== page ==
The rest of her Pollack routine had just the right amount of snap and polish, including a strong triple loop and three Level 4 spins.
"It's the best I've ever scored internationally, which for me is huge because the entire Grand Prix season I think in the short program I didn't score higher than 55," Wagner, 20, said. "I upped the ante by about nine points and that's not too shabby."
The skater has been forthright about her desire to help earn three U.S. ladies worlds' spots at the 2012 World Figure Skating Championships in Nice in March, and thinks adding a triple-triple to her short is one way to do it.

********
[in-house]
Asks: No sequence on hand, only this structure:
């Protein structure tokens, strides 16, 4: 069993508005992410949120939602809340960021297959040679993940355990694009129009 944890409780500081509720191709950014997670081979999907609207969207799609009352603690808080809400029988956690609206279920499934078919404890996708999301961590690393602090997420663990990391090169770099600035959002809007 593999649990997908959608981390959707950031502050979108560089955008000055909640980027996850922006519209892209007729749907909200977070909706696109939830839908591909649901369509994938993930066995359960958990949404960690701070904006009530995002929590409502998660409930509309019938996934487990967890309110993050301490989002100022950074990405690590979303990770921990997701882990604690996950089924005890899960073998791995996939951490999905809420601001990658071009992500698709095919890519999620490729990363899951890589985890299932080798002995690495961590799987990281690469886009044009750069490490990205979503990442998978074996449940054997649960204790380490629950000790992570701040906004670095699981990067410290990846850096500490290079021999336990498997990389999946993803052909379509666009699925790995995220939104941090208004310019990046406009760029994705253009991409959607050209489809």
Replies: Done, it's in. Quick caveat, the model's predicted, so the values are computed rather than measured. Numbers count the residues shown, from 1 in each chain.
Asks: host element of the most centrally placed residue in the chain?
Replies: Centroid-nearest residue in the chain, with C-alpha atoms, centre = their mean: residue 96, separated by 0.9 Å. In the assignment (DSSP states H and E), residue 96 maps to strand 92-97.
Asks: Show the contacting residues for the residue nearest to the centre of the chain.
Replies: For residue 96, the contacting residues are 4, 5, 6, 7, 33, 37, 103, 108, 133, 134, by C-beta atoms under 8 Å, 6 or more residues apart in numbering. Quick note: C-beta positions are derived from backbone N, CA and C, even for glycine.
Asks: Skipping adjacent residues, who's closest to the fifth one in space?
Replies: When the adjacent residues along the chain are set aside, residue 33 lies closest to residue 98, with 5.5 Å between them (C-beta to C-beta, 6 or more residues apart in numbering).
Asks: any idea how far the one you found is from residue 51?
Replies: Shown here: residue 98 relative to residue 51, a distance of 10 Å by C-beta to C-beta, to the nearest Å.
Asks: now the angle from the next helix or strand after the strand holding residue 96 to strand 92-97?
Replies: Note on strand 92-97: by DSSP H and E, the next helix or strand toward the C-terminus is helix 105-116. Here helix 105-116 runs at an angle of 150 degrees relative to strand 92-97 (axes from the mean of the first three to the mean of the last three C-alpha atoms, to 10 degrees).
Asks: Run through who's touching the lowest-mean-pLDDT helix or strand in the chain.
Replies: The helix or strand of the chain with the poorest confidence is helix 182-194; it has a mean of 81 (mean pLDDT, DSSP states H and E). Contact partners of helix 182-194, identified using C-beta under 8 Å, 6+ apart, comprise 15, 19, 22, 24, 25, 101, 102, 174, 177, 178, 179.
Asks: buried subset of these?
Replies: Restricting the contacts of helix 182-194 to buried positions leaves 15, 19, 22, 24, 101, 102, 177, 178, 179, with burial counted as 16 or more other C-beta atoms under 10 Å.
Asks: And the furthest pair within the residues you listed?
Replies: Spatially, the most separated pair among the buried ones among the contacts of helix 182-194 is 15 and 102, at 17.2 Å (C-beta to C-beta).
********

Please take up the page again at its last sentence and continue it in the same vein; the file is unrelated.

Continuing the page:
"I went for the triple-triple; it had been great in practice and in the warmup it had been on one foot, which I was really happy about," she said. "And then come time for the short program I was a little nervous, so the two-foot's ugly face kind of reappeared.
"I got full credit for it. I was extremely pleased. I had a kind of wobbly triple loop in the warmup, so I'm happy I did such a solid one in the performance."
Japan's bronze medalist, Kanako Murakami, performed the cleanest short of the afternoon, including a solid triple toe-triple toe, to earn 63.45 points and enter the free skate less than a point out of the lead.
"Although I was worried about the double Axel at the end of the program, I succeeded and gathered everything together," the 17-year-old said through an interpreter. "I'm very satisfied with today's performance."